The writer of Hebrews uses the image of an anchor to illustrate the secure position of believers in Jesus. Our anchor is solidly seated with God in the most holy of all holy places. We can relax now knowing that the sacrifice made for our sin has been fully accepted by God and we are hooked securely to our anchor. Now in Hebrews 6:20, the writer changes the metaphor from an anchor to the idea of a “forerunner.” Jesus is not only in the presence of God on our behalf, but He has saved a place for us as promised in John 14:3. Jesus says, “And if I go and prepare a place for you, I will come again and will take you to myself, that where I am you may be also.” The writer of Hebrews affirms this truth to us by calling Jesus our “forerunner.”

Fifty years ago, Neil Armstrong was our “forerunner.” He was the first man to take a step on the surface of the moon. His quote is famous. He said, “That’s one small step for a man, one giant leap for mankind.” He understood that he was the one taking the step but he was taking it for all mankind. Spurgeon said that when Jesus entered into the holiest of all places in heaven He said, “I take possession of all these in the name of my redeemed. I am their representative and claim the heavenly places in their name.” Regarding Jesus as our forerunner, Brown observes, “This term (prodromos) was used in Greek literature to describe the function of a small party of soldiers sent fully to explore the way ahead prior to the advance of an army. Christ is our prodromos. He has gone ahead of us.  He prepares our way to glory (2:10). With such a leader who has opened the way through His own sacrificial death (10:20), there is no room for anxiety regarding His future purposes or doubt concerning His former promises.”[1]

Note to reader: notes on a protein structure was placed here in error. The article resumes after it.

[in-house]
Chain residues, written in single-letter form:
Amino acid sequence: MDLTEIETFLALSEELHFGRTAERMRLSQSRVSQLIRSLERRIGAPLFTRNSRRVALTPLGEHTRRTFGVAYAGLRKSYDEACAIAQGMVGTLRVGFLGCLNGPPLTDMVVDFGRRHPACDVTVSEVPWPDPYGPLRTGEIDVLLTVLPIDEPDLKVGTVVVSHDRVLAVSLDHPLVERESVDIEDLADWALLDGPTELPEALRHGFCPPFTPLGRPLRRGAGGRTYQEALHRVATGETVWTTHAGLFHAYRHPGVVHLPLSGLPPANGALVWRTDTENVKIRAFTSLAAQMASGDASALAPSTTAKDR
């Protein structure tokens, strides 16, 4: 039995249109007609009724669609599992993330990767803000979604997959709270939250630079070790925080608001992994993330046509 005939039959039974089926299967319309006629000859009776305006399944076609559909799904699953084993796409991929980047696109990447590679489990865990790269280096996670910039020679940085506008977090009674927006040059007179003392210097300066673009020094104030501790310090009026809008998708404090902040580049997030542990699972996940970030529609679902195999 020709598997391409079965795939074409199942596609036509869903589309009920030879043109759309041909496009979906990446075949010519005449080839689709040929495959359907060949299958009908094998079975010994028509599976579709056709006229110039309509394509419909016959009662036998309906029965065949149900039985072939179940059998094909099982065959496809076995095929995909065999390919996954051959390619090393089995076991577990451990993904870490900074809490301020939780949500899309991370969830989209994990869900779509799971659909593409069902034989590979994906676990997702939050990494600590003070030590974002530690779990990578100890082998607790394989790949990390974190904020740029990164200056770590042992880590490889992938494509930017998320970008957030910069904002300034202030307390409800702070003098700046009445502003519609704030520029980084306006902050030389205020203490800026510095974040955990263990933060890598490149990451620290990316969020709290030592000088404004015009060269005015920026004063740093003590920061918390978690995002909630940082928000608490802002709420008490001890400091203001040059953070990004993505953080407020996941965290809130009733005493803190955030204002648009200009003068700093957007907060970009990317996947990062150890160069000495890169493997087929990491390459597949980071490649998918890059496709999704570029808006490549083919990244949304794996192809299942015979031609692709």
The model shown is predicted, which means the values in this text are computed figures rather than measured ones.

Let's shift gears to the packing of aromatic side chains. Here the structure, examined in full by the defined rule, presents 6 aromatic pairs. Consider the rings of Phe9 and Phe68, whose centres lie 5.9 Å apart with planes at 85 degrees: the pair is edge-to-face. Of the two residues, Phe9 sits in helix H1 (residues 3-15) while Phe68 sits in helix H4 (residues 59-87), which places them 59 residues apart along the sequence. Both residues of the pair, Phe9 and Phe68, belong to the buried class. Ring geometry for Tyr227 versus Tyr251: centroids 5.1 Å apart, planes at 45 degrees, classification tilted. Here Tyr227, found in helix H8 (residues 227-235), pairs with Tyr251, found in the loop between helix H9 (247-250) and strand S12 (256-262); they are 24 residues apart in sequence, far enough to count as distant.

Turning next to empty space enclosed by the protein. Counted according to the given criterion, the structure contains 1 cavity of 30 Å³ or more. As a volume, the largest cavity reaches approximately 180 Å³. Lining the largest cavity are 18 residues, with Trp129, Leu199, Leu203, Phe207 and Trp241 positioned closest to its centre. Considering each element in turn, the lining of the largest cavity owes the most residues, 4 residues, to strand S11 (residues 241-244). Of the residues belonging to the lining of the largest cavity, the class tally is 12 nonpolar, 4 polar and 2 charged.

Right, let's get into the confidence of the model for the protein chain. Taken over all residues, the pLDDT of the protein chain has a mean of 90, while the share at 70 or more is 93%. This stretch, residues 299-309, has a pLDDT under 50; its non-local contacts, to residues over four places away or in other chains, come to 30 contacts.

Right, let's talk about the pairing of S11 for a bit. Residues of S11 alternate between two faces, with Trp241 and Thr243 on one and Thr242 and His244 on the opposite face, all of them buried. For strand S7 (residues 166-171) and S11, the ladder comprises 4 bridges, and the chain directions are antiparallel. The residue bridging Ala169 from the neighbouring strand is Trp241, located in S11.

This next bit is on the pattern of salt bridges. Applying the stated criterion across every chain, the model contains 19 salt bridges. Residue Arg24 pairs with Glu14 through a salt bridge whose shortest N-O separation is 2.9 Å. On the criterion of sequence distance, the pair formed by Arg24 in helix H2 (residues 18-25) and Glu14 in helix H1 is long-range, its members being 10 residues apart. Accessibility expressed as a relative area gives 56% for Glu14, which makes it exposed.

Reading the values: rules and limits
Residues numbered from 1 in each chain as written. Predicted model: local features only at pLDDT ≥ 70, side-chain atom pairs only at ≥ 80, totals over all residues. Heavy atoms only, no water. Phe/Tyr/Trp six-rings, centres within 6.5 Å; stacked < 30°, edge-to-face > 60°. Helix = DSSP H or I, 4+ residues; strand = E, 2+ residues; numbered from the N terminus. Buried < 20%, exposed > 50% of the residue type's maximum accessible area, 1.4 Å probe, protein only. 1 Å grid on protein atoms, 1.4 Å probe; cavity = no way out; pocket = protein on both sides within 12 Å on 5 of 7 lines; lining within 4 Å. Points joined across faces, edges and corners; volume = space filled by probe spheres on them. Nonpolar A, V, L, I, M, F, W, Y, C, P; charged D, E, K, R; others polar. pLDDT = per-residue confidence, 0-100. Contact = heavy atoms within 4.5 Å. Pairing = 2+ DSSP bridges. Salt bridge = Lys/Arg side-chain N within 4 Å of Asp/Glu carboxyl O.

Hebrews 6:20 ends the chapter by picking up on the earlier discussion about Melchizedek. It reads, “…where Jesus has gone as a forerunner on our behalf, having become a high priest forever after the order of Melchizedek.” Melchizedek is meat that will help a Christian mature. The writer considers the only two places that this priest shows up in the Scriptures and explains How even this obscure character is a reference to Jesus. According to Fruchtenbaum, Melchizedek, “…suddenly appears on the scene and quickly disappears from the scene. There is no record of his origin, birth, life, death, or anything else.”[2] This is all about Jesus according to the writer of Hebrews. Then Melchizedek is mentioned in Psalm 110:4, where Jesus is clearly identified as the priest according to the order of Melchizedek. Chapter 7 picks up on these lessons and applies them to Jesus to assure us of our heavenly destiny. Truly, there is rest for our souls in Jesus.

[1] Raymond Brown, The Message of Hebrews: Christ above All, The Bible Speaks Today (Leicester, England; Downers Grove, IL: InterVarsity Press, 1988), 122.

[2] Arnold G. Fruchtenbaum, The Messianic Jewish Epistles: Hebrews, James, First Peter, Second Peter, Jude, 1st ed. (Tustin, CA: Ariel Ministries, 2005), 95.